Neuroscience is a research area at the intersection of many diverse fields. The prospects of neuroscience have the potential to improve society, and awareness of the human brain as one of Earth’s key resources and the new technologies to study it has captured public imagination. But neuroscience is also burdened with inefficient, aging research systems governing lab structure and collaboration, career development, publishing, education, funding, and public outreach. My current work considers neuroscience as an ecosystem in need of rebuilding with elemental principles and programs for effective, sustainable coordination across the community. Starting from the construction of research projects and papers, funding and collaboration, and science communication, I pursue projects that re-envision the scientific ecosystem and build a foundation for the future of science.
Moskowitz, H.S., Yokoyama, C.T. and Ryan, T.A. (2005) Highly Cooperative Control of Endocytosis by Clathrin. Mol Biol Cell 16:1769-76.
Yokoyama, C.T., Myers, S.J., Fu, J., Mockus, S.M., Scheuer, T. and Catterall, W.A. (2005) Mechanism of SNARE Protein Binding and Regulation of CaV2.2 Channels by Phosphorylation of the Synaptic Protein Interaction Site. Mol Cell Neurosci 28:1-17.
Mochida, S., Westenbroek, R.E., Yokoyama, C.T., Zhong, H., Myers, S.J., Scheuer, T., Itoh, K. and Catterall, W.A. (2003) Requirement for the Synaptic Protein Interaction Site for Reconstitution of Synaptic Transmission in Sympathetic Ganglion Neurons by P/Q-type Calcium Channels. Proc Natl Acad Sci USA 100:2819-2824.
Zhong, H., Yokoyama, C.T., Scheuer, T. and Catterall, W.A. (1999) Reciprocal Regulation of P/Q-type Ca2+ channels by SNAP-25, Syntaxin, and Synaptotagmin. Nature Neurosci 2:939- 941.
Yokoyama, C.T., Sheng, Z.-H. and Catterall, W.A. (1997) Phosphorylation of the Synaptic Protein Interaction Site on N-type Calcium Channels Inhibits Interactions with SNARE Proteins. J Neurosci 17:6929- 6938.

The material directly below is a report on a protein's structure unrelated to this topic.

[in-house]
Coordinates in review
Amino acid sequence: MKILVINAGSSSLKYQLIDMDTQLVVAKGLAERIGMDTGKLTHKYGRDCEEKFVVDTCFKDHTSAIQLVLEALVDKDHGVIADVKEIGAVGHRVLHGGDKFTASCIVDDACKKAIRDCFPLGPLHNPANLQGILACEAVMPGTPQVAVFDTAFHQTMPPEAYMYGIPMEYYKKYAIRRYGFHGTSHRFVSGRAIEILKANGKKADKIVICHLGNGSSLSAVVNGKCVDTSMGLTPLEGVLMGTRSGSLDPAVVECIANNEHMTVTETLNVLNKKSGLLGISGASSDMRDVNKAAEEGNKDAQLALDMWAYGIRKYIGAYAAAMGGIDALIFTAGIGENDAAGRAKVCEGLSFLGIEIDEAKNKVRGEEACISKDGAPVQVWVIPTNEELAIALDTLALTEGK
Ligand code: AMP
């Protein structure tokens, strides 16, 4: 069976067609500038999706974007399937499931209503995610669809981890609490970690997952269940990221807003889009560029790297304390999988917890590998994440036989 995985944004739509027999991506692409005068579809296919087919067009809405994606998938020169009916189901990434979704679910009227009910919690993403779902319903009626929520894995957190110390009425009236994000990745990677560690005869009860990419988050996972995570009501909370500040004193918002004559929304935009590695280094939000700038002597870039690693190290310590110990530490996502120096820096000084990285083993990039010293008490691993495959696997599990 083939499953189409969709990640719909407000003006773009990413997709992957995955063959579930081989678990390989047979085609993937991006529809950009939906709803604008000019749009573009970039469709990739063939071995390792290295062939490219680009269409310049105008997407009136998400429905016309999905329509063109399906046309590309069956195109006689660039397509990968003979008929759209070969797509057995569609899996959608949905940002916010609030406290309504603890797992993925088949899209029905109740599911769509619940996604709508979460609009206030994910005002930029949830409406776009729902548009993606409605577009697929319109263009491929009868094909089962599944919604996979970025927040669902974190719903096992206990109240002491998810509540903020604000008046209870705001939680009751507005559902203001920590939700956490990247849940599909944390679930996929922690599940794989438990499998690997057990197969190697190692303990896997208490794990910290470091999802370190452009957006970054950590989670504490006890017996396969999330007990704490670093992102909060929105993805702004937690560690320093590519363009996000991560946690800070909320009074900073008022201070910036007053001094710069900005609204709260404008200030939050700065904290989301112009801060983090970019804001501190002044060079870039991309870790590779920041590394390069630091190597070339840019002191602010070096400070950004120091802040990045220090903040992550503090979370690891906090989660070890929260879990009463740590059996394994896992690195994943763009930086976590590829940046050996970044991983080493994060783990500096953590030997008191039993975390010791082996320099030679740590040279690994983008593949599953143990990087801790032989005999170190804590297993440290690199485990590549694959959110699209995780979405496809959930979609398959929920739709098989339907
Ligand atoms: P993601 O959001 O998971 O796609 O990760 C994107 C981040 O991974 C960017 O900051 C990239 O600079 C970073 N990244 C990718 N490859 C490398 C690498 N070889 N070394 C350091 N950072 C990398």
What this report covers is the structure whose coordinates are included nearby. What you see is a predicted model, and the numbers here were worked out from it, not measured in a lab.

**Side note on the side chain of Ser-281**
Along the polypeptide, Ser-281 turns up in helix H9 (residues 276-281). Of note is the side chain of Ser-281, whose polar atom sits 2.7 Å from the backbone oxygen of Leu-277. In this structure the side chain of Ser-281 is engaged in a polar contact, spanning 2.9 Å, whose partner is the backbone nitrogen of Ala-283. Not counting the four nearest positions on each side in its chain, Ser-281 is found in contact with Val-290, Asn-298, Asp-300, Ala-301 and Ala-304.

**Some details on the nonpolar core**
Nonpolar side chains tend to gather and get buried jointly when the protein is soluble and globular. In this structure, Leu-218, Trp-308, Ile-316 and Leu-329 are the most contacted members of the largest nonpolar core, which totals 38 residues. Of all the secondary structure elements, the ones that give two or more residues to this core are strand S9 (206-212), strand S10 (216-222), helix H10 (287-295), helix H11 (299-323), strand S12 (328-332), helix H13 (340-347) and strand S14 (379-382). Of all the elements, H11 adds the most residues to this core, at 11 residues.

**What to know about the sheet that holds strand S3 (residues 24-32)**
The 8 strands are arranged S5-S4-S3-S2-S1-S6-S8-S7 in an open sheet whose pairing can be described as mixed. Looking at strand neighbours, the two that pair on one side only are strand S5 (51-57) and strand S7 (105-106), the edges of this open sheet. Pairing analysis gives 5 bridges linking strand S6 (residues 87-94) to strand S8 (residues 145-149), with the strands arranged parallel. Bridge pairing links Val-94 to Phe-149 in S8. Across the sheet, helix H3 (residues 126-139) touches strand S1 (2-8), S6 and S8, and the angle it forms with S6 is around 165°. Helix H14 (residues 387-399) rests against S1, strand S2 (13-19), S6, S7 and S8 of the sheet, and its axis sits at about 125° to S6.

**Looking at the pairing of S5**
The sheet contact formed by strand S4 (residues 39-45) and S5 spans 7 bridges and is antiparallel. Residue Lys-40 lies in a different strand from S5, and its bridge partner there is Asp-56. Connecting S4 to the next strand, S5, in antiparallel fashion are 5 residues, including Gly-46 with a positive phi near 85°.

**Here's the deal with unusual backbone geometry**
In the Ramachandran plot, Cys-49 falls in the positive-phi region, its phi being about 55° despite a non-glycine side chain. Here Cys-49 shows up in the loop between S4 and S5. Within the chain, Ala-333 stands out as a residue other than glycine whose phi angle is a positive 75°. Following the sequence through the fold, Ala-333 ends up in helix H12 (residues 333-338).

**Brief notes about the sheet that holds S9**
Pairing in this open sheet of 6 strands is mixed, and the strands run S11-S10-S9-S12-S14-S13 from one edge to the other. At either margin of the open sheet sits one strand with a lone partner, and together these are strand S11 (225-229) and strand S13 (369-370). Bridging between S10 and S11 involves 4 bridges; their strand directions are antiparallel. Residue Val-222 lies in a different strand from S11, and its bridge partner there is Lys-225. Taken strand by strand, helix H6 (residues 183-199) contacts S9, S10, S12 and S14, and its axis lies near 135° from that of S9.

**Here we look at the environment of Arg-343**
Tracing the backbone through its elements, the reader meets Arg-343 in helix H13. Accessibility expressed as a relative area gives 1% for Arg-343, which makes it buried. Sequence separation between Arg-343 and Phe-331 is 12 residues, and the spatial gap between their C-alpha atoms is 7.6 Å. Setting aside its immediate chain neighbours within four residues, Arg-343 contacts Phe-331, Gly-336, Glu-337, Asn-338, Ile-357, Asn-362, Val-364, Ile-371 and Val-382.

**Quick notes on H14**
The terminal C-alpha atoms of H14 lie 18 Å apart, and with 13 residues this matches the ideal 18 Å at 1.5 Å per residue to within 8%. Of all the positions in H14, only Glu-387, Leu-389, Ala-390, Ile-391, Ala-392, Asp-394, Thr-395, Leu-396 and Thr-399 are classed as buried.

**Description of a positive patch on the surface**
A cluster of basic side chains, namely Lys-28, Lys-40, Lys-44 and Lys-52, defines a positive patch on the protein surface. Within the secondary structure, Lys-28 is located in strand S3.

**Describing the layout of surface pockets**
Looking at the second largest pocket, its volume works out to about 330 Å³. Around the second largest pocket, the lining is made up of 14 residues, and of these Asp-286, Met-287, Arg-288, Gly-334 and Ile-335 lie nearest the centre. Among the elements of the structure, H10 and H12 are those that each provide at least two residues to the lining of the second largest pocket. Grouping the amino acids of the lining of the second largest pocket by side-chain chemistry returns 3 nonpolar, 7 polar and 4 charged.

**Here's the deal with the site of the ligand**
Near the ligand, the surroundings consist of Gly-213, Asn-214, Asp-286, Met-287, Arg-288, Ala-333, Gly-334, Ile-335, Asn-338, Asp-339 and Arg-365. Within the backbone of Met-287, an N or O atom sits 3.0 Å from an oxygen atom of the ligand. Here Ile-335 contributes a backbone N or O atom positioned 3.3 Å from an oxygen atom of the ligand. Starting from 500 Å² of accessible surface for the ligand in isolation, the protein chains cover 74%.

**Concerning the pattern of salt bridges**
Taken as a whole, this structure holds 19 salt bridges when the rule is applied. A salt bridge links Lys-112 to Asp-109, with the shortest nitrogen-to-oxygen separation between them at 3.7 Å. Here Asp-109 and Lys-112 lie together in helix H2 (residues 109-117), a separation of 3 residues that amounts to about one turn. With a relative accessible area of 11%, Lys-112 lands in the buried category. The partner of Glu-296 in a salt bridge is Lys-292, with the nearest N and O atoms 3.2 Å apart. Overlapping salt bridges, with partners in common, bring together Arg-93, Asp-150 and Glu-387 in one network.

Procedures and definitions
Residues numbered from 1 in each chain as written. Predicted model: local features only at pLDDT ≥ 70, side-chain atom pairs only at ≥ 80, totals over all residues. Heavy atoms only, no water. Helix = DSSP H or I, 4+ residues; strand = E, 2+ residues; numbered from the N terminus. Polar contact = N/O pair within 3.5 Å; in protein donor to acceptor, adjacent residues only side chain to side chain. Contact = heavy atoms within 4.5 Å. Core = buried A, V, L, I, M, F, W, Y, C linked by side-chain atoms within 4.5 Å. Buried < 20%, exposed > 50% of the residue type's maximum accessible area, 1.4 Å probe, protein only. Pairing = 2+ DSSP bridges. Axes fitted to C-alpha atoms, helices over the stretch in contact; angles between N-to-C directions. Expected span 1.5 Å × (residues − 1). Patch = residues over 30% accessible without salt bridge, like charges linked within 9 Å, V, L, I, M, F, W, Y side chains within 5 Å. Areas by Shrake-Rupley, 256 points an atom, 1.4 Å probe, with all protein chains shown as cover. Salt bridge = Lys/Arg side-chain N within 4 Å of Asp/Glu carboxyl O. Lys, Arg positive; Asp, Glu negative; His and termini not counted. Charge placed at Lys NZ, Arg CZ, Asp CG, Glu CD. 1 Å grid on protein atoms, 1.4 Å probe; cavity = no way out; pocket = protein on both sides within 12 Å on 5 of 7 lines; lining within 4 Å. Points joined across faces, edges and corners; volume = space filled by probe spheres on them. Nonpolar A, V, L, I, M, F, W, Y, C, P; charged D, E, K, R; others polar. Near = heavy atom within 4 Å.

Yokoyama, C.T., Westenbroek, R.E., Hell, J.W., Soong, T.W., Snutch, T.P. and Catterall, W.A. (1995) Biochemical Properties and Subcellular Distribution of the Neuronal Class E Calcium Channel á1 Subunit. J Neurosci 15:6419-6432.
I was a postdoctoral researcher at Weill-Cornell Medical School after earning a Ph.D. from the University of Washington-Seattle in neurobiology, M.S. from the Massachusetts Institute of Technology in biology and B.S. from Michigan State University in biochemistry. I studied the function and regulation of voltage-gated ionic channels and their associated proteins in presynaptic nerve terminals. In a second career phase, I served as a senior scientific editor for the journal Neuron, managing peer review of research manuscripts and review articles. In my current position, I am a research administrator with emphases on executive management, scientific communication support and training, and the design of novel research ecosystems for sustainable transdisciplinary collaboration and team science.